August 7, 2012 | Commentary on China, Vietnam, Philippines, Brunei, Malaysia

China targeting South China Sea

While Chinese athletes try to gobble up Olympic gold in London, half a world away Chinese strategists are trying to gobble up vast tracts of contested territory in the South China Sea.

Without strong push back, Beijing may be able to do just that.

You see, Beijing believes many of these South China Sea islands (and their adjacent waters) are “indisputable” Chinese territory, despite their often great distances from China itself and proximity to other nations.

The problem is countries such as Vietnam, the Philippines, Brunei, Malaysia and Taiwan also claim territory in places with names like the Spratly and Paracel Islands.

Not surprisingly, these areas may have lots of natural resources; some estimate the seabed could hold more than 200 billion barrels of oil and nearly 900 trillion cubic feet of natural gas.

That’s huge.

Adding to China’s questionable historical and legal claims to these areas is a recent Beijing announcement that China is establishing a military garrison in the Paracels, which would look after Beijing’s “claims” in the South China Sea.

While previously the Chinese coast guards’ duty, it now appears Beijing will militarize the disputes within its so-called “nine-dash line” that outlines its claim to roughly 80 percent of the nearly 1.5-million square mile South China Sea.

What’s also interesting about this is that China increasingly has the naval forces to throw its weight around in East Asia after years of being anything but a maritime power.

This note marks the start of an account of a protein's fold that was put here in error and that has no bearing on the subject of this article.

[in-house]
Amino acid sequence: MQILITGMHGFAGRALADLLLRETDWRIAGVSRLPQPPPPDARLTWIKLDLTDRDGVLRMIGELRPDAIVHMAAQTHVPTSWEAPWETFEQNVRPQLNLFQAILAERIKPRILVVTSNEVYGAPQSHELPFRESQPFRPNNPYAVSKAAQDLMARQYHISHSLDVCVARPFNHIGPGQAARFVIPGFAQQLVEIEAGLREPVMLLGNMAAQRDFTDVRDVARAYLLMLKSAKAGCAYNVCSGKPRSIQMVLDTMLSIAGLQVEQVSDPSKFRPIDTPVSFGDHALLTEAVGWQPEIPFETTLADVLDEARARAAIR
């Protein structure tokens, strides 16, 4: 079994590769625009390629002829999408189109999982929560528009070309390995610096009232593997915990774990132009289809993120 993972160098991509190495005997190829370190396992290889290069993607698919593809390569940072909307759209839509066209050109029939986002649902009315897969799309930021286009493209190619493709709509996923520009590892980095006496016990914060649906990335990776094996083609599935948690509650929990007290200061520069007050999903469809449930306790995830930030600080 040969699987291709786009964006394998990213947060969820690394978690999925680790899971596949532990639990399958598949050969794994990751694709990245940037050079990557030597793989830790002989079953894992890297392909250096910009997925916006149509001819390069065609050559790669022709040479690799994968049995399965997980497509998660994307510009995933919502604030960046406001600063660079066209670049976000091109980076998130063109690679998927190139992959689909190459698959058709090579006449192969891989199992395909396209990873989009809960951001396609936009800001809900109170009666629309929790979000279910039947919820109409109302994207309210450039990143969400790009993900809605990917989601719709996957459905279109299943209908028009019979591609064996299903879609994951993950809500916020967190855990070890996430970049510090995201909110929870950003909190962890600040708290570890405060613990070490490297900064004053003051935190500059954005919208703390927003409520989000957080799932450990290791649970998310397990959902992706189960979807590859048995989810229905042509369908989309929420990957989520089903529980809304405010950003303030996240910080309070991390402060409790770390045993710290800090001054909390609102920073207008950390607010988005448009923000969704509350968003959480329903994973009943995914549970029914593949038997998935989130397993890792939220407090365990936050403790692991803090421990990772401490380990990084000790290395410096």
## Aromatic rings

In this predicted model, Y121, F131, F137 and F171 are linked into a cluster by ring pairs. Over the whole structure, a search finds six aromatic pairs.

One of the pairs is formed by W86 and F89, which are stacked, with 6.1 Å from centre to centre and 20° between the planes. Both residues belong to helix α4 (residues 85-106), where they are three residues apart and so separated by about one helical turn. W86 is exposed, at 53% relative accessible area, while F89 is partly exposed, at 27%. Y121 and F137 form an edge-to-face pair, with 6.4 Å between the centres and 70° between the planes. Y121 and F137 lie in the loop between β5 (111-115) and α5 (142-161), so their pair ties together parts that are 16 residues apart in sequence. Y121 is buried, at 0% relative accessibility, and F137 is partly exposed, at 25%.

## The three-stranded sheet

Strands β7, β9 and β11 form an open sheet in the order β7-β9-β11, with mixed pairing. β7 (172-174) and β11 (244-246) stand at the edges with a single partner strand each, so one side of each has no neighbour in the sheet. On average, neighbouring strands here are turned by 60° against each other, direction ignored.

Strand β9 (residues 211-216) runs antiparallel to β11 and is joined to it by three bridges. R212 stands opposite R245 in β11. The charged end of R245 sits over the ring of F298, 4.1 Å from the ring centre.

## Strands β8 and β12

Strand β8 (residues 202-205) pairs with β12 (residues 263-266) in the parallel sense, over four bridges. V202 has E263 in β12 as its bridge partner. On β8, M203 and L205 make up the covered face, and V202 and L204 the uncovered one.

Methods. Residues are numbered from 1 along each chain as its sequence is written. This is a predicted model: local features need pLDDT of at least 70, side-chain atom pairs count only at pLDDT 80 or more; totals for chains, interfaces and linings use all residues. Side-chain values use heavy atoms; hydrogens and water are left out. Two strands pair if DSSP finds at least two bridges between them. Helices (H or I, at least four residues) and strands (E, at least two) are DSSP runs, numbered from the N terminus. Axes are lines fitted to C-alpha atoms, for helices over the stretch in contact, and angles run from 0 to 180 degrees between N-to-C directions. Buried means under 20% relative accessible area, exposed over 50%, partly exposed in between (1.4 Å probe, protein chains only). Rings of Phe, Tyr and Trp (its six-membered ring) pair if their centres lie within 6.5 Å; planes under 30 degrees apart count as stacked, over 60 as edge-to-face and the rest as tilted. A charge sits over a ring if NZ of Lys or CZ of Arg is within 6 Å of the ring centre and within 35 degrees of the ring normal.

For instance, it’s developing an aircraft carrier and an air wing to operate off it. It has new attack submarines and blue-water destroyers, plus a unique land-based ballistic missile that can take out carriers.

OK, but why should we care?

First the United States is a Pacific nation. Nearly half our global trade is with East Asia; additional trade passes through the region to places like South Asia and the Middle East.

With trillions of dollars in ship-borne trade sailing the South China Sea annually, freedom of the seas through this “global common” is important to U.S. interests.

We’ve also got lots of allies and old — and new — friends in the region that are unnerved by Chinese boldness and brutish behavior such as (defense treaty ally) Philippines and Vietnam.

Plus if Beijing’s assertiveness is ignored, or acquiesced to, who knows what might come next?

China already feels encouraged — and driven — by lust for natural resources and perceptions of regional players’ weaknesses.

Unfortunately, while the Pentagon claims its Asia strategic “pivot” will shift half the Navy’s ships to the Pacific, it might be tough to do, considering Middle East commitments and ship numbers falling below requirements by nearly 30 in the coming years.

The geopolitical storm clouds forming over the South China Sea provide only the latest in a series of reasons for ensuring we have a strong national defense, especially our Navy, to look after our national interests — even in tough economic times.

Peter Brookes is a Heritage Foundation senior fellow and a former deputy assistant secretary of defense.

About the Author

Peter Brookes Senior Fellow, National Security Affairs
The Kathryn and Shelby Cullom Davis Institute for National Security and Foreign Policy

First appeared in Boston Herald.